Atomic Crimson TI (2014)
Don't judge the Crimson by its past iterations. It still carves like a GS race ski on soft groomers, provided you're deliberate about setting an edge. But it's looser in the snow than it used to be, softer on edge, and far more forgiving than Crimsons past, thanks at least in part to the addition of a little tip rocker. Most testers were fine with that; some missed the old edginess. But it still gets good scores for Hard-Snow Integrity and generally high scores across the board. Larsen: "Easy to find a rhythm on. Just enough rebound but not so much that it turns into a rodeo."
The 2013-14 version of the Crimson TI is built for maxium high-speed carvability on frontside groomers, but also features a wide-ish waist width (86 mm) that won't trench too deeply in soft snow, plus a bit of tip rocker for venturing off-trail and into powder. Its wood-core construction is reinforced with two full sheets of Titanal metal (hence the "TI" designation) for supple, calm, glued-to-the-snow performance at high speeds. It's sold with Atomic's most powerful recreational binding, the 14-DIN XTO. Where the Vantage series of wider skis offers soft-snow versatility especially appropriate for Western all-mountain conditions, Atomic's Nomad collection is built for maximized on-trail performance and hardpack carvability well suited to Eastern conditions. Waist widths range from 86 mm down to 73 mm. All models are sold as systems (with a binding). And all except the low-end Smoke are designed using ARC technology, which features an integrated binding interface that is pinned in the middle and free-floating fore and aft so as to allow the ski to flex roundly, with no flat spot underfoot, for optimized tip-to-tail edge engagement throughout the turn. And where the Vantage series models are rockered tip and tail, the Nomad skis feature tip rocker only, comprising about 15 percent of the ski's length - enough to absorb shocks and smooth out turn initiations. The wider, higher-end models (Crimson TI, Blackeye TI) are built around full wood cores, while the lower-end models feature lighter, softer flexing forgiving (and more affordable) foam cores. All are built using Atomic's Step-Down Sidewall construction: higher sidewalls underfoot for solidity and edge grip; lower sidewalls topped by cap construction tip and tail for softer flex and torsional rigidity and more forgiving performance.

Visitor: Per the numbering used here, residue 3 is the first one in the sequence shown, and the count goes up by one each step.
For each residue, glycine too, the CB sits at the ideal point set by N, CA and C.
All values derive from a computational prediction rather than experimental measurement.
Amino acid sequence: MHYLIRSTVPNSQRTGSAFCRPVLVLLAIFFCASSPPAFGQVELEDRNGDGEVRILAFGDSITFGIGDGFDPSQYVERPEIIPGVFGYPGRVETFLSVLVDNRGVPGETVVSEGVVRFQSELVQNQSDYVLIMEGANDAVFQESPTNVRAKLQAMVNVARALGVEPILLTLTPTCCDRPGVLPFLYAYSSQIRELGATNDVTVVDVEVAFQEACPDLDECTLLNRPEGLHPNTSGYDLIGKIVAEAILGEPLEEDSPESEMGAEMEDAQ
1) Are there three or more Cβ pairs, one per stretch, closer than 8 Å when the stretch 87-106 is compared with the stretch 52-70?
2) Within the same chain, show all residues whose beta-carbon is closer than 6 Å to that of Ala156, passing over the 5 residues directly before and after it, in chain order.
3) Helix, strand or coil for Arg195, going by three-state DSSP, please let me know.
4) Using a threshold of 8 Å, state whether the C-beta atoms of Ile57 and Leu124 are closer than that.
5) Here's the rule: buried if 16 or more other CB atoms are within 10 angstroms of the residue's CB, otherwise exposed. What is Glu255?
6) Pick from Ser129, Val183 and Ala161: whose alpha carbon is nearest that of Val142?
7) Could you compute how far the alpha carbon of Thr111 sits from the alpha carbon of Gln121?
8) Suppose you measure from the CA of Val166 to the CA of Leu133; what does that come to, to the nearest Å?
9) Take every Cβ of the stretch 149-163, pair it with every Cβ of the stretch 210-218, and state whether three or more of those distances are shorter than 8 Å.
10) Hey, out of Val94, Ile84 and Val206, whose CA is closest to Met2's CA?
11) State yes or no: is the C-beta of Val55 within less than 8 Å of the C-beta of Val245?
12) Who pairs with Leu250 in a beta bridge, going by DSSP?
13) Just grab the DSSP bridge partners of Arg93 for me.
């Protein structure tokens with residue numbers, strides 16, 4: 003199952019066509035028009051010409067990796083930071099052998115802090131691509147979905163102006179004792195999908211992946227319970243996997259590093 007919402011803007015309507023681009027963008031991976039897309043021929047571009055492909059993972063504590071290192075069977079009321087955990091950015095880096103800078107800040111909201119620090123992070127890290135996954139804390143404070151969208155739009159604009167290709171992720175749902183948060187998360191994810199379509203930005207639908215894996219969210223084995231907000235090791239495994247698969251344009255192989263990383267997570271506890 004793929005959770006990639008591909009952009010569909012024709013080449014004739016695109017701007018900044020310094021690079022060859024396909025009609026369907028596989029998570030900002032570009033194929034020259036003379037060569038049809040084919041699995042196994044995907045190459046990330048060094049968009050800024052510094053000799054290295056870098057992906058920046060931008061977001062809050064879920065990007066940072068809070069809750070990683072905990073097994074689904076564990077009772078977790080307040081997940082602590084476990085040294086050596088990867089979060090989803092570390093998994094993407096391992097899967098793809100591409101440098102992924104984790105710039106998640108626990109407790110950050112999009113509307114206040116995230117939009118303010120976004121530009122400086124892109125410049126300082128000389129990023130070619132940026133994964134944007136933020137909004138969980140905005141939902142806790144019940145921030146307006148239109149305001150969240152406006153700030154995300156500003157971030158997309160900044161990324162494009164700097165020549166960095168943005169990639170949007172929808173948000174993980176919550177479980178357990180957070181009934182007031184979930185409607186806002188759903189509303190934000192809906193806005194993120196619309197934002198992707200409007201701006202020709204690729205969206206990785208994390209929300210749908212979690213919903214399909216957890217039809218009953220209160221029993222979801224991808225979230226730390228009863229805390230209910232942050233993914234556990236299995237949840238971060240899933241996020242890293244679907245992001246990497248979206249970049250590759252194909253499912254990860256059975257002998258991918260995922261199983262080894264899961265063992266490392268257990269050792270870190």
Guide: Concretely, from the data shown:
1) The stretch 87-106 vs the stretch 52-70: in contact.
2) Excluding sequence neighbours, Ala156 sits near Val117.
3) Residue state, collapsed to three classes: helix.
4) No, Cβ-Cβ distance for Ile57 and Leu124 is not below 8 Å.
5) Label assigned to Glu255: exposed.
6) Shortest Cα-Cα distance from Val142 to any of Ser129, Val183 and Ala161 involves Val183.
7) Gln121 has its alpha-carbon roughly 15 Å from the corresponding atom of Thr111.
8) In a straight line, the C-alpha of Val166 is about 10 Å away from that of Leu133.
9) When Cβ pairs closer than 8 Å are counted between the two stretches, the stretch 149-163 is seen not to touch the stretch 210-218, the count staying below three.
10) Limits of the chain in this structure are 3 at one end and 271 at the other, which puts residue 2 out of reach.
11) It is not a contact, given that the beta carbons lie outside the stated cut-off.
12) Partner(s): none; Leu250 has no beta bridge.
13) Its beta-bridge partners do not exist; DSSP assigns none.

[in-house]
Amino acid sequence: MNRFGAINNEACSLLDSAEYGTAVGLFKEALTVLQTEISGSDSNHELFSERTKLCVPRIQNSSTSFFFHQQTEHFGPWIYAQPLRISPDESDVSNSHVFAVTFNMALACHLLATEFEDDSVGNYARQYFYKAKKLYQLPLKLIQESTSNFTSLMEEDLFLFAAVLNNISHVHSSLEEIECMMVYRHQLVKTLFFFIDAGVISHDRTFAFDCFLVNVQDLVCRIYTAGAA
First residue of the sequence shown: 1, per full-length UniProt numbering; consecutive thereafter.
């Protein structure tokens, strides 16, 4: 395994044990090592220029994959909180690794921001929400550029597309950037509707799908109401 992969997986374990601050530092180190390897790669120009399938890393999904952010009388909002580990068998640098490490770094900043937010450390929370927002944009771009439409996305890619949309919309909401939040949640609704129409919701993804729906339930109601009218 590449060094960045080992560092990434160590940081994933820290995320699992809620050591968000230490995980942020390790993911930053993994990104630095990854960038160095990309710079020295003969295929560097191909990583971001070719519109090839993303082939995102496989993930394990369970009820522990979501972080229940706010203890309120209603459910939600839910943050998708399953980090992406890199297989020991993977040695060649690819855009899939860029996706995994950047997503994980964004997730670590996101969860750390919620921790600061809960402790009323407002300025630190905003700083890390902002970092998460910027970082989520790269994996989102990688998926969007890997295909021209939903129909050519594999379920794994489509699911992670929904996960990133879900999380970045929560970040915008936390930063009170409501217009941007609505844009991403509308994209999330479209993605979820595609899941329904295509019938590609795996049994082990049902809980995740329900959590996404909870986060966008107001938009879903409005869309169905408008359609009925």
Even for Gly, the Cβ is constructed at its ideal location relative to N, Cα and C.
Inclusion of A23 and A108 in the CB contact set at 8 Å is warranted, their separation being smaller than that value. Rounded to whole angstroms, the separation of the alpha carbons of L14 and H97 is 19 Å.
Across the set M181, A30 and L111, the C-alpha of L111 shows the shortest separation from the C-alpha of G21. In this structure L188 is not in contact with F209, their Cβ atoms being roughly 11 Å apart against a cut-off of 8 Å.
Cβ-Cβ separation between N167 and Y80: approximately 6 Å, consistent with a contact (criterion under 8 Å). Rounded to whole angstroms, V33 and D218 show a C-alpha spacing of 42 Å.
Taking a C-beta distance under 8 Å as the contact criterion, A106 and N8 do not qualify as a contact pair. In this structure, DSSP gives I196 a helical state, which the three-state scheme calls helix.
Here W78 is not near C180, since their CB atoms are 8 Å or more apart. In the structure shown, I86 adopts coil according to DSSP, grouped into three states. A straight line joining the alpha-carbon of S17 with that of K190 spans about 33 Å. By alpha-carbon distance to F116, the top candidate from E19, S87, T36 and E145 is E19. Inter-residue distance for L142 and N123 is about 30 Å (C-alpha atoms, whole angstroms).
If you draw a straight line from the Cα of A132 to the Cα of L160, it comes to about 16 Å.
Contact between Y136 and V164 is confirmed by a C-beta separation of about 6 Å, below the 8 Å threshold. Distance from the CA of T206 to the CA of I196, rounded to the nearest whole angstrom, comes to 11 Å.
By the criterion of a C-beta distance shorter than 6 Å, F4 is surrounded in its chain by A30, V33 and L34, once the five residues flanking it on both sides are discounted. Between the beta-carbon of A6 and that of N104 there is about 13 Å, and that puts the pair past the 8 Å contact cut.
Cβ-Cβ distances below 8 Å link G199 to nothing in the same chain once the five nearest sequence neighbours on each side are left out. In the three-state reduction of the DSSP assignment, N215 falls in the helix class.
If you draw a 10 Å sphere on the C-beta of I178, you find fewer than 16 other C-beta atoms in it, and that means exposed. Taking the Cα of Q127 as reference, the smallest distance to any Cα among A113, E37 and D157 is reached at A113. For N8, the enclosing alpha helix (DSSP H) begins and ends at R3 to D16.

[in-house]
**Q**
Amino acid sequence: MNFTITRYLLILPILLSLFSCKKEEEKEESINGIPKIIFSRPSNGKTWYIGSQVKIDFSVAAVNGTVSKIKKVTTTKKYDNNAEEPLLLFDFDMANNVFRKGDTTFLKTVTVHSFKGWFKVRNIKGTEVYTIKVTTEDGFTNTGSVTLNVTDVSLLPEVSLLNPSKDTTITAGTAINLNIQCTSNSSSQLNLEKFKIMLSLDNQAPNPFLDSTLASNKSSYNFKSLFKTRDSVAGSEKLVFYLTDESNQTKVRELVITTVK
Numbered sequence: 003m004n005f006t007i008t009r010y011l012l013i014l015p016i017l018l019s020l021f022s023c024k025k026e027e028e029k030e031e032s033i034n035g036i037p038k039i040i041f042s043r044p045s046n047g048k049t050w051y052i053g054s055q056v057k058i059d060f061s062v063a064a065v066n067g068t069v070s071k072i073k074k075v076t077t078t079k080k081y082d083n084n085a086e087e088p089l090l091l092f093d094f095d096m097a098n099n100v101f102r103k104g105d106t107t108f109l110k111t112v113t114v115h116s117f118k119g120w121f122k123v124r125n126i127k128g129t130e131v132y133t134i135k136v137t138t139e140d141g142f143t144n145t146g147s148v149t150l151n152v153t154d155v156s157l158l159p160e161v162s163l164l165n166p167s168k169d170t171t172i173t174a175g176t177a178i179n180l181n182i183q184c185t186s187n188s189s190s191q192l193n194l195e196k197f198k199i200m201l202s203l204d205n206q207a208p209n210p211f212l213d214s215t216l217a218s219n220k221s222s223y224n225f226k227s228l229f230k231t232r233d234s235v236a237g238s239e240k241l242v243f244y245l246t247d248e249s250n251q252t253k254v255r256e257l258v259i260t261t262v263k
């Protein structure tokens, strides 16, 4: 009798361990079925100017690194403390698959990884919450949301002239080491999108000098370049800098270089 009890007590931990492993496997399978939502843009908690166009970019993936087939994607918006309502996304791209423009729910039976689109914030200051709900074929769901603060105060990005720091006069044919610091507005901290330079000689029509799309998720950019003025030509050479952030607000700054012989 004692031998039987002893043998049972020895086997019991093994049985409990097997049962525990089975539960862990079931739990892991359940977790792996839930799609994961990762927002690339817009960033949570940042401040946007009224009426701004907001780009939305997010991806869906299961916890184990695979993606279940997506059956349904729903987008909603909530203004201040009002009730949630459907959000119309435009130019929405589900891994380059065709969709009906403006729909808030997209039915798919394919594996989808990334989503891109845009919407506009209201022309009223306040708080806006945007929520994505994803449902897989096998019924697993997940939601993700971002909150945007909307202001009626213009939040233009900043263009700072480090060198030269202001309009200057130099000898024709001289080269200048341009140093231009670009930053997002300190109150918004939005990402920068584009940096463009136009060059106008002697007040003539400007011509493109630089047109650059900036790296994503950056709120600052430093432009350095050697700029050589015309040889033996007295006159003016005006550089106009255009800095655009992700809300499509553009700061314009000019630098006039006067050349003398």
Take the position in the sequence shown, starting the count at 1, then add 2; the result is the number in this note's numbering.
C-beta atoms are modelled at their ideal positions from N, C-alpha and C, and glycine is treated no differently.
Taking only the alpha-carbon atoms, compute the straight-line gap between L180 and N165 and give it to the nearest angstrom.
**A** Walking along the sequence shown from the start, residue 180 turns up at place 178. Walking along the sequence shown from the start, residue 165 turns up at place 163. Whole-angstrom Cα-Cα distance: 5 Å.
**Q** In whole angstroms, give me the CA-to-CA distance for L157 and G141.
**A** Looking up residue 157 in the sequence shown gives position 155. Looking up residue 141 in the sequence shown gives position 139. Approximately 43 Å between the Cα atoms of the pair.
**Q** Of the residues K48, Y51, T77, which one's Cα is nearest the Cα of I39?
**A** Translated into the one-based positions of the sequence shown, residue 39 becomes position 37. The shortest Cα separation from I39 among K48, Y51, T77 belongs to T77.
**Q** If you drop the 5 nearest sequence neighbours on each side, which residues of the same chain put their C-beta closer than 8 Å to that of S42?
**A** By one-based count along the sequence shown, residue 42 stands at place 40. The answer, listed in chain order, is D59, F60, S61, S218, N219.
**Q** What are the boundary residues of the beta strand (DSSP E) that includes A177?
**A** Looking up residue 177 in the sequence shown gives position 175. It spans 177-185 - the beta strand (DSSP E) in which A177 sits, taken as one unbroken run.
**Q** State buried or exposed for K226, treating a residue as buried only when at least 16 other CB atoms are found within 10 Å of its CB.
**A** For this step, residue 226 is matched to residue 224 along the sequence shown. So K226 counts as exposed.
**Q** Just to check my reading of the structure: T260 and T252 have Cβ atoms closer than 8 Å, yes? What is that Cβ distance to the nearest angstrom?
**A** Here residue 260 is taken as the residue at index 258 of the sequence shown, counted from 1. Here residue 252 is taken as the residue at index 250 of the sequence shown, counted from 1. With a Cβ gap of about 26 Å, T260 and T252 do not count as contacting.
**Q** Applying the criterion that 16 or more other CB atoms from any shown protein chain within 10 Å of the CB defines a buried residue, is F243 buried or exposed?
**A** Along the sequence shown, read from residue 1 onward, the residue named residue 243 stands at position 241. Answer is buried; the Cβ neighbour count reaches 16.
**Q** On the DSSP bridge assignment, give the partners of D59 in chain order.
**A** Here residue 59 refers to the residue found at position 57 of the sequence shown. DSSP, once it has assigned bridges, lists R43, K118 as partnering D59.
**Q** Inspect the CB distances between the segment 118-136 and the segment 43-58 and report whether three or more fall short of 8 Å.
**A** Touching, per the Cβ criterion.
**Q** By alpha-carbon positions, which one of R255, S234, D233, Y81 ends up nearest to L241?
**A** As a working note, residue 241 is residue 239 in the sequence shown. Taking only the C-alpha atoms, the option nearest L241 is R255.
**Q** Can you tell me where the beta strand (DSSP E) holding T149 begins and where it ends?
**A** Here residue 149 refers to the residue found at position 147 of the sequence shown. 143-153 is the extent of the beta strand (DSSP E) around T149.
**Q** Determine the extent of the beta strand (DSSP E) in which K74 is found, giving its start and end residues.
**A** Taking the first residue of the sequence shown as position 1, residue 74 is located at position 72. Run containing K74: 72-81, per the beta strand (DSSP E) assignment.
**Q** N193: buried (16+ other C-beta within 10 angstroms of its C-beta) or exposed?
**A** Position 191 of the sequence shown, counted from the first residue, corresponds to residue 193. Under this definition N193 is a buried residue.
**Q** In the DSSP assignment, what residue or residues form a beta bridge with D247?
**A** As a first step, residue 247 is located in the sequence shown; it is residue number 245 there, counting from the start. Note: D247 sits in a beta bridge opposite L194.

|Awards||Gold Medal Gear|
|Lengths||170, 178, 186|
|Rating: Stability at Speed||3.64 / 5|
|Rating: Maneuverability||2.60 / 5|
|Rating: Hard Snow Grip||3.77 / 5|
|Rating: Crud Performance||2.82 / 5|
|Rating: Forgiveness||2.93 / 5|
|Rating: Flotation||2.38 / 5|
|Rating: Overall||3.04 / 5|